A move to liberalise Sunday trading laws in England and Wales could collapse as the plans face significant opposition in Parliament.

The SNP is set to vote against the changes over fears it could drag down the wages of Scottish workers, the BBC reported.

Twenty rebel Tory MPs are also expected to vote against the plans along with other opposition MPs, which means the proposals would fail to become law.

According to the BBC, ministers are looking at whether to delay or even drop the plans.

In this year’s Budget, Chancellor George Osborne announced that councils and mayors would get the power to set Sunday trading hours in their areas.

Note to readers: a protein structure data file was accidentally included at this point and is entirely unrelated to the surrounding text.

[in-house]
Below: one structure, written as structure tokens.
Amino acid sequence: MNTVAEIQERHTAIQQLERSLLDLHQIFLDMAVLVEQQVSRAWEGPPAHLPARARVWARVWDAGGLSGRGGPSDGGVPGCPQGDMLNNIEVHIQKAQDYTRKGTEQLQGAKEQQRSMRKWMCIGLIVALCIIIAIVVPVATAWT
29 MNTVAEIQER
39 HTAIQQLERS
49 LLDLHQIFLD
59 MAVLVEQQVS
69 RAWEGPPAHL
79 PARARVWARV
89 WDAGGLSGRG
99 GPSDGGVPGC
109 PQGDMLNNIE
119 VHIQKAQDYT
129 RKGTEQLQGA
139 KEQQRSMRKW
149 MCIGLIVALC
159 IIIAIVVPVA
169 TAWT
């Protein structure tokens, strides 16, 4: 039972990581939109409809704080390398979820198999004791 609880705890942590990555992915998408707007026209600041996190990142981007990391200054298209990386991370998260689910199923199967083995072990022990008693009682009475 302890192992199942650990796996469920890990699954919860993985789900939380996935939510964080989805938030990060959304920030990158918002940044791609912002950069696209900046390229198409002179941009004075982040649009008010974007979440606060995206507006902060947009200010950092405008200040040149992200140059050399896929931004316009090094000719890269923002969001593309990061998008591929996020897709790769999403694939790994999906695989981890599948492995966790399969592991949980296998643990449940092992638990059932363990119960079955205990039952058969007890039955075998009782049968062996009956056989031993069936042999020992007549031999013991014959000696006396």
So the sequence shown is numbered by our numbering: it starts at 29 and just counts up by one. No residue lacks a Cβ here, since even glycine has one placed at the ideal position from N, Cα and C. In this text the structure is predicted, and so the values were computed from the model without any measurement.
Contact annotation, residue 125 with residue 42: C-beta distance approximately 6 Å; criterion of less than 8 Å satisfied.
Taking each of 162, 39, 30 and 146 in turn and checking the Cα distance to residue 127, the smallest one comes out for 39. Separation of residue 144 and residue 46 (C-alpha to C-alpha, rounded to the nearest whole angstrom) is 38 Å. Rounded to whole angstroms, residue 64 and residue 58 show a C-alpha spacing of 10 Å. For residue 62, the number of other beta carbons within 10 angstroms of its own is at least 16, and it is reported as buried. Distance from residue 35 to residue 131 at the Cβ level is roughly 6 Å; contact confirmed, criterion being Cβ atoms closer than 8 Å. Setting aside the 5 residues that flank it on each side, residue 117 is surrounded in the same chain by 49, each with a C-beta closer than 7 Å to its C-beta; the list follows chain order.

Under current laws, large shops can only open for a six-hour period on Sundays.

Bricks-and-mortar stores can still attract shoppers away from their digital devices

The Sunday trading plans could be defeated

Last month Sainsbury’s boss Mike Coupe attacked the plans saying they were “open to abuse” and there was too much complexity. The BRC has also called for safeguards to be put in place

Despite the proposals only affecting England and Wales, shopworkers’ union Usdaw has persuaded the SNP that retailers would pay for the extra hours by cutting wages UK-wide, which would include those of Scottish employees being paid premium wages for Sunday hours, the BBC reported.